The president of the United States has vast constitutional power to grant pardons to individuals facing possible prison terms even before charges are filed, or to commute the sentences of folks already languishing in jail. President Donald Trump has at least broached the possibility of using pardons to short-circuit the investigation into whether he or his campaign were involved in Russia’s interference with the 2016 presidential election. (The probe has now produced its first criminal charges.) There’s even talk about whether a president can pardon himself, something that hasn’t been done before.
1. What is a presidential pardon?
It’s an act of presidential forgiveness rooted in Article II, Section 2 of the U.S. Constitution. A pardon wipes the slate clean for the recipient, even halting judicial proceedings that are under way. President George Washington pardoned farmers convicted of treason after the 1791 Whiskey Rebellion; President Grover Cleveland cleared Mormon polygamists in 1894 as part of Utah becoming a state. More recently, President George H.W. Bush pardoned aides tied up in the Iran-Contra scandal.
2. Why are pardons arising as an issue for Trump?
The federal probe into possible collusion between Russia and Trump’s presidential campaign could threaten his inner circle. Charges filed against Paul Manafort, former chairman of the Trump campaign, show the breadth of Special Counsel Robert Mueller’s investigation: Manafort is charged with using real-estate investments to launder money he earned working for Ukrainian politicians. Trump has called the entire matter "a witch hunt" and has made clear he believes Mueller shouldn’t be going beyond the original topic of the investigation -- whether the Trump campaign colluded with Russia’s interference in the 2016 election.
3. Who might Trump pardon?
That’s entirely speculative at this point, and a lawyer for the Trump White House, Ty Cobb, says no pardons are being discussed. But it’s worth noting that members of Trump’s family -- his eldest son, Donald Jr., and his son-in-law, Jared Kushner -- are among those whose contacts with Russians are under scrutiny.
4. Could Trump pardon himself?
Literally, yes. "He could write his pardon down on a napkin and sign it -- that would be a pardon," said P.S. Ruckman, a political science professor at Rock Valley College in Rockford, Illinois, who runs a blog about presidential pardons. Standard procedure for presidents is to let the Justice Department vet possible pardons -- but that’s not required by law, and Trump ignored this step in granting his first pardon, of former Phoenix-area sheriff Joe Arpaio. But some experts say a self-pardon would wilt under a court challenge. They point to legal advice given to President Richard Nixon in 1974 in connection with the Watergate scandal: "Under the fundamental rule that no one may be a judge in his own case, the President cannot pardon himself," Acting Assistant Attorney General Mary Lawton told Nixon.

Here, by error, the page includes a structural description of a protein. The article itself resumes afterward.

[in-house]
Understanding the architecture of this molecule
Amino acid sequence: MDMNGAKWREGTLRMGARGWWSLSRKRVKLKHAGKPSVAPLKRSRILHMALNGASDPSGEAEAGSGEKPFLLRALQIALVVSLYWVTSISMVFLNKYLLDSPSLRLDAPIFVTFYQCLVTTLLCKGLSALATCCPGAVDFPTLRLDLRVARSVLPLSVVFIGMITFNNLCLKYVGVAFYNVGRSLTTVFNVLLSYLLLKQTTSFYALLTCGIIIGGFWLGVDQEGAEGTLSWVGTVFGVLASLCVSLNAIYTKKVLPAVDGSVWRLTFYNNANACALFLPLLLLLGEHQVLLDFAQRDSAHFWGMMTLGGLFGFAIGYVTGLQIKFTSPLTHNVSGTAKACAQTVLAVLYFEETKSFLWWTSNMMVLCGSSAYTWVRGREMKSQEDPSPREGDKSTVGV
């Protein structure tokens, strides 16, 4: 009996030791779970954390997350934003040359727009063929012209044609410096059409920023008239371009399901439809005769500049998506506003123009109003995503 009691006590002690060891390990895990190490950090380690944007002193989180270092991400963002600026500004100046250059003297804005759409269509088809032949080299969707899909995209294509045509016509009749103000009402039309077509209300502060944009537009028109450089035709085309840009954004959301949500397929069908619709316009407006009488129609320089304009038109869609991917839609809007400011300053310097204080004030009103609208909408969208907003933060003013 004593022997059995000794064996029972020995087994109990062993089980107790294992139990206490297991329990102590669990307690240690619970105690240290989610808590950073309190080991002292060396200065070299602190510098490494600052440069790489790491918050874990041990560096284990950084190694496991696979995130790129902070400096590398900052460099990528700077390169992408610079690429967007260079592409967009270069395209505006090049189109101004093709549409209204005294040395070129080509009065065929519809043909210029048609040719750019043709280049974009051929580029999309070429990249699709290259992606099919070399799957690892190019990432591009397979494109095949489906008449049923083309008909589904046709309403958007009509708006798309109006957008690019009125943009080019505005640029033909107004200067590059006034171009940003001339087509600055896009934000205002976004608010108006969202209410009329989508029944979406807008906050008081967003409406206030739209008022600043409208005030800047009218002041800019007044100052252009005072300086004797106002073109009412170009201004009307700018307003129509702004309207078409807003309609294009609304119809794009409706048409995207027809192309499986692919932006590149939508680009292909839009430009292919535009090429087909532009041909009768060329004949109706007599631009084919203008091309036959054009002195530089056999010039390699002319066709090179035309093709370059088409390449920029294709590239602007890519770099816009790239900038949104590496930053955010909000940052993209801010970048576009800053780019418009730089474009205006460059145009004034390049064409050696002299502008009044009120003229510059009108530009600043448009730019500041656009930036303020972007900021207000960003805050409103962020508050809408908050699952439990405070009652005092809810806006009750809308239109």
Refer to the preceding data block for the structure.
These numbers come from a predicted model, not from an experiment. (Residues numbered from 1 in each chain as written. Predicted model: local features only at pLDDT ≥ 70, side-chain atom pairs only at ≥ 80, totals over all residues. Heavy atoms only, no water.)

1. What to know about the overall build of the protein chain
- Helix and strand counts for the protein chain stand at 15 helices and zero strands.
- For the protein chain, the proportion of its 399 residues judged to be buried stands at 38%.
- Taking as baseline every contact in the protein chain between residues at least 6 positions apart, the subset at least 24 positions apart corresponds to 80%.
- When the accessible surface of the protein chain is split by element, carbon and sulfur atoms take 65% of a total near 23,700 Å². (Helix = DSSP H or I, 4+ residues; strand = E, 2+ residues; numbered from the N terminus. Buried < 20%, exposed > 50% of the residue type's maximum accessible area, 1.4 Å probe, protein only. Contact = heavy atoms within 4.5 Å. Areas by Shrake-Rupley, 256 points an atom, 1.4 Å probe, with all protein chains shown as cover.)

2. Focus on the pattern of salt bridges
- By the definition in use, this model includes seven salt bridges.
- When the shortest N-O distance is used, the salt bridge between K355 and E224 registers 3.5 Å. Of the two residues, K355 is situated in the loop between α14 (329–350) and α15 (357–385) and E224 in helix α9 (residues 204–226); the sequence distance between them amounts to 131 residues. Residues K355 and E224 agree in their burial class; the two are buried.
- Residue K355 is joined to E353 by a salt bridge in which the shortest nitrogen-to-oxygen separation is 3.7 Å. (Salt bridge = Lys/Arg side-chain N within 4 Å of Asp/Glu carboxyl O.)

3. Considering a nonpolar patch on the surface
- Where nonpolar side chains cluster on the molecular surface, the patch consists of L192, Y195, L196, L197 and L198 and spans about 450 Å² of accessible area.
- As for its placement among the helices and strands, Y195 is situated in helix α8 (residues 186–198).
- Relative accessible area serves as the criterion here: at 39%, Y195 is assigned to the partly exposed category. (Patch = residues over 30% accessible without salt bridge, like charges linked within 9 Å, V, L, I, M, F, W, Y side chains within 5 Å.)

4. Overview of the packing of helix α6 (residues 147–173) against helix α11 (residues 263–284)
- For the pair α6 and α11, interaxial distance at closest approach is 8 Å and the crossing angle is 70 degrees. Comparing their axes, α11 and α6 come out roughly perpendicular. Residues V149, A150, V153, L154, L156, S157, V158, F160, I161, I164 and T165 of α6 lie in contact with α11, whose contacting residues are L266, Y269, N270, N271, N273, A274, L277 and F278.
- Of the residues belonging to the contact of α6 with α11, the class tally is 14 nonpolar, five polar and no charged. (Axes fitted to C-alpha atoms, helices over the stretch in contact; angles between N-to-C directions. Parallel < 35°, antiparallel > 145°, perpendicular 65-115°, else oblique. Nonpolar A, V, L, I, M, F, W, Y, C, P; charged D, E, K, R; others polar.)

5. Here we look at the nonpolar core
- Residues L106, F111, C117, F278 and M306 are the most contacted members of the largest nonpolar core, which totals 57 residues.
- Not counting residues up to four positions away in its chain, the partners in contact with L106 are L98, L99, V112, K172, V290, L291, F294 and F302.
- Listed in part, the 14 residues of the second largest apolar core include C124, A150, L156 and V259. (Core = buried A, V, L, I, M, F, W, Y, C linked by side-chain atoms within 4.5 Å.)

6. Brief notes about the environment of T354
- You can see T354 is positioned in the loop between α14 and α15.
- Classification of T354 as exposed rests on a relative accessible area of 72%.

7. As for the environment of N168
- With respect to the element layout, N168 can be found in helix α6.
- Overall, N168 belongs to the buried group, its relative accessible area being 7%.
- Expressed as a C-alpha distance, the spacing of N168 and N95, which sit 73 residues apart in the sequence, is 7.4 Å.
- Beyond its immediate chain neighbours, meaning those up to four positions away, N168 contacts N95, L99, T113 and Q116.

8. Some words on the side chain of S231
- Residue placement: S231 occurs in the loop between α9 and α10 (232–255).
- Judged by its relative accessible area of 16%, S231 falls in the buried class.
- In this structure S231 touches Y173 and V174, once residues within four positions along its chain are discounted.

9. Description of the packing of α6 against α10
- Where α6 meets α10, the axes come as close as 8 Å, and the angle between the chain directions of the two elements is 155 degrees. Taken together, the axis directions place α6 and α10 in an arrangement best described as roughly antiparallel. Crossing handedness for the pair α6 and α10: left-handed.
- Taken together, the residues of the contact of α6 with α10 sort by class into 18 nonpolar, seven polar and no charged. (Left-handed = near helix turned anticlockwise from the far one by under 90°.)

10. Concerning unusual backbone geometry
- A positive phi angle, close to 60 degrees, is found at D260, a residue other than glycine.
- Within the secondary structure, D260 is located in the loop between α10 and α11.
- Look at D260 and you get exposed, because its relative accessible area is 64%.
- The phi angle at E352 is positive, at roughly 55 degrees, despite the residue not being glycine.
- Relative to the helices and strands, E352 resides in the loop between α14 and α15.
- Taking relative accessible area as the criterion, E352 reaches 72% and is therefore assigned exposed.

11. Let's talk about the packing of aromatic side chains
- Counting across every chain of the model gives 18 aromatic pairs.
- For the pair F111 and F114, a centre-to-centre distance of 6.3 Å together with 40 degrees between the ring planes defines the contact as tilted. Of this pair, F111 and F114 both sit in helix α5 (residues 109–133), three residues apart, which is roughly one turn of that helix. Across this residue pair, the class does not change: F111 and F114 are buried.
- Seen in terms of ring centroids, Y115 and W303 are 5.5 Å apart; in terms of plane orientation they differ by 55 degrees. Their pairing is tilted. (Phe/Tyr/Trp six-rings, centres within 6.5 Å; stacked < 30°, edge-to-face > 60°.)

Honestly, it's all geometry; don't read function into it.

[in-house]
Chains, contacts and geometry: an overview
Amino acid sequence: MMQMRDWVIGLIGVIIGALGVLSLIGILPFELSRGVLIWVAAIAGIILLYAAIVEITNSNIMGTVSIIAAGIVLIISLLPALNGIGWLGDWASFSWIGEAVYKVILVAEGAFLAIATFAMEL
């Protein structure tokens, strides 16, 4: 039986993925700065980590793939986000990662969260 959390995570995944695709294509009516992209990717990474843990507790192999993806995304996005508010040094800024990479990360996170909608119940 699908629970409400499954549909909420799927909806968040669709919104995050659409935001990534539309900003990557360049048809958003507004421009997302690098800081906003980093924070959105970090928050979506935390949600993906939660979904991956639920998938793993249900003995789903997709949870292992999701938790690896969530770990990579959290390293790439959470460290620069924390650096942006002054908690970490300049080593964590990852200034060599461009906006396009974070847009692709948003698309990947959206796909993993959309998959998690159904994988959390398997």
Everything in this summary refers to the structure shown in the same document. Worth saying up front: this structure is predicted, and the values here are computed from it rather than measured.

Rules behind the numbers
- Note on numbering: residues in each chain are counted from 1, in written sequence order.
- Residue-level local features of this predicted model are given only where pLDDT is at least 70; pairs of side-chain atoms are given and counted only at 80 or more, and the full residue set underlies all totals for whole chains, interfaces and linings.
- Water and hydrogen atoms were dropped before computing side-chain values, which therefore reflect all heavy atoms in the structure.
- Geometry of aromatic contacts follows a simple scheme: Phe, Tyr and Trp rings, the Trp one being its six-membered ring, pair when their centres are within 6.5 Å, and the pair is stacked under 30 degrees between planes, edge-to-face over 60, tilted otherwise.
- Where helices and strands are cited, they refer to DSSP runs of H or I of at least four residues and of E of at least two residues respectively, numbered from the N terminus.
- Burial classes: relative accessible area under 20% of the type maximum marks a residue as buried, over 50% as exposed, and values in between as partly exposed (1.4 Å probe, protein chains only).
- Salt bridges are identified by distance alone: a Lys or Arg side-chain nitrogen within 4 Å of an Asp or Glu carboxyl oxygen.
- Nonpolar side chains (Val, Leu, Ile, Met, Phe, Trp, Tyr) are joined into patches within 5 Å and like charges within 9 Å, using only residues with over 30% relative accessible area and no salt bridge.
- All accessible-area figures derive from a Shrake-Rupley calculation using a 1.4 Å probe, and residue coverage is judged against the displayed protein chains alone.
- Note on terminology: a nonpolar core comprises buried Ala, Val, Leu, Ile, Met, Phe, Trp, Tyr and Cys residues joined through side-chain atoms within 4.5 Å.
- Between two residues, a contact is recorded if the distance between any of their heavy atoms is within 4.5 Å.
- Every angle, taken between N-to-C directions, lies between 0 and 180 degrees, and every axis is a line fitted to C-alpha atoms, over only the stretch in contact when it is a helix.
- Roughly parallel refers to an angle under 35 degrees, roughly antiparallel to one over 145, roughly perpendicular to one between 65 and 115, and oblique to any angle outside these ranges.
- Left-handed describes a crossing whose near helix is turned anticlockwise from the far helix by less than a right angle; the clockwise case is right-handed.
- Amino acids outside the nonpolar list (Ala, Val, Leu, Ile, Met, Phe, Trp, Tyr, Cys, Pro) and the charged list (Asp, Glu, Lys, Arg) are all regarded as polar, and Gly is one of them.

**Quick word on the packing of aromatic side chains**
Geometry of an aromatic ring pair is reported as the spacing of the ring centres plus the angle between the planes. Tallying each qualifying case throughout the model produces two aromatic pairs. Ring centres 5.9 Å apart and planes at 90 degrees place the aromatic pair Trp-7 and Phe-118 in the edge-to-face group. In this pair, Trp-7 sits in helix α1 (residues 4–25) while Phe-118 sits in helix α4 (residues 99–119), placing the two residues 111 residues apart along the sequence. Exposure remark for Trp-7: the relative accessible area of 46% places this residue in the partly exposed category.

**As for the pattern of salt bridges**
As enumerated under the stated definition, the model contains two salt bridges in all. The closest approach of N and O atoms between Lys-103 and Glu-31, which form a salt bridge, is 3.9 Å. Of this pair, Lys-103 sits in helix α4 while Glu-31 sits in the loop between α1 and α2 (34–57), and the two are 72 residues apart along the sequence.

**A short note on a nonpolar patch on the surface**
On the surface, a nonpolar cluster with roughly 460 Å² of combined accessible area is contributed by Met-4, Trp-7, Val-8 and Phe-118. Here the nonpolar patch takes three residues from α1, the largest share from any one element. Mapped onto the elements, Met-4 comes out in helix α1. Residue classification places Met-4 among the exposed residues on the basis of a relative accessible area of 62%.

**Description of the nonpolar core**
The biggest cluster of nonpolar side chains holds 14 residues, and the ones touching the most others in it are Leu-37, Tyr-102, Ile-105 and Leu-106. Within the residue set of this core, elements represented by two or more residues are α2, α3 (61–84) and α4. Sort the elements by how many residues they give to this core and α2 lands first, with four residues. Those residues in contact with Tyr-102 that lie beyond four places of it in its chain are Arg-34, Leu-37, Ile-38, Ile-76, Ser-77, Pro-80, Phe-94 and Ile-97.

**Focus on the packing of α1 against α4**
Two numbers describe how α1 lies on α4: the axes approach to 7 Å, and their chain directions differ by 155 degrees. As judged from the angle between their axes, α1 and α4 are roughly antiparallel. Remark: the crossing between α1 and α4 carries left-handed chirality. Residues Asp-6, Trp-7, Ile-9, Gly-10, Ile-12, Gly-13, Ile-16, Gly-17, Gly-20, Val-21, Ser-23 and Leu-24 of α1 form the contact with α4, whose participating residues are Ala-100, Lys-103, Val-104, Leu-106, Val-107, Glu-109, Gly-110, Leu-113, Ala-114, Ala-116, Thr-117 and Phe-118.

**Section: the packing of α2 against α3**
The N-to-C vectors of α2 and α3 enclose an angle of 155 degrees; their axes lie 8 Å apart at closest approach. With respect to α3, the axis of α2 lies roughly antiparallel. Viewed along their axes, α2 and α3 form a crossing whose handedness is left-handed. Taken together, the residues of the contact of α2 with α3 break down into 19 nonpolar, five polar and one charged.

5. What does Trump say?
"While all agree the U.S. President has the complete power to pardon, why think of that when only crime so far is LEAKS against us," Trump tweeted in July.
6. Isn’t a pardon an admission of guilt?
Not necessarily. "People have traditionally said forgiveness pardons are admissions of guilt, but there are pardons for innocence too," and "pardons for miscarriages of justice," said Margaret Love, who was the U.S. pardon attorney from 1990 to 1997. "There are lots of reasons a president might issue a pardon that wouldn’t involve an admission of guilt." Trump would likely frame any such pardon as a necessary maneuver to avoid the injustice of an investigation into what he has called a fake scandal concocted by his enemies.
7. Would pardons end the Russia investigation?
Since presidential pardons apply to federal crimes, any issued by Trump would significantly hamper the federal investigation being led by Mueller. But state-level investigations could proceed. Manafort, for instance, is also under investigation by the office of New York Attorney General Eric Schneiderman, which also has been looking at Trump’s charity. And a pardon could backfire on Trump: Prosecutors can try to compel pardoned individuals to testify, since they lose some Fifth Amendment protections.
8. Could Trump be impeached for pardoning family or himself?
Members of Congress can start impeachment proceedings against a president for any matters they deem "high crimes and misdemeanors," which can include abusing the powers of the presidency. It’s a political question, not a legal one. At least some Democrats in Congress would no doubt call for impeachment proceedings, but they would need at least some support of Republicans, who hold majorities in both houses.
The Reference Shelf
- A self-pardon would trash the U.S. Constitution, Bloomberg View’s Noah Feldman writes.
- The 1974 Justice Department memo on the question of a president pardoning himself.
- Richard Nixon resigned as president three days after that memo came out.
- Gerald Ford, the next president, pardoned Nixon on Sept. 8, 1974.
- "Pardon Power," a blog by pardon expert P.S. Ruckman.
- QuickTake Q&As on the Trump-Russia probe, the special counsel and impeachment.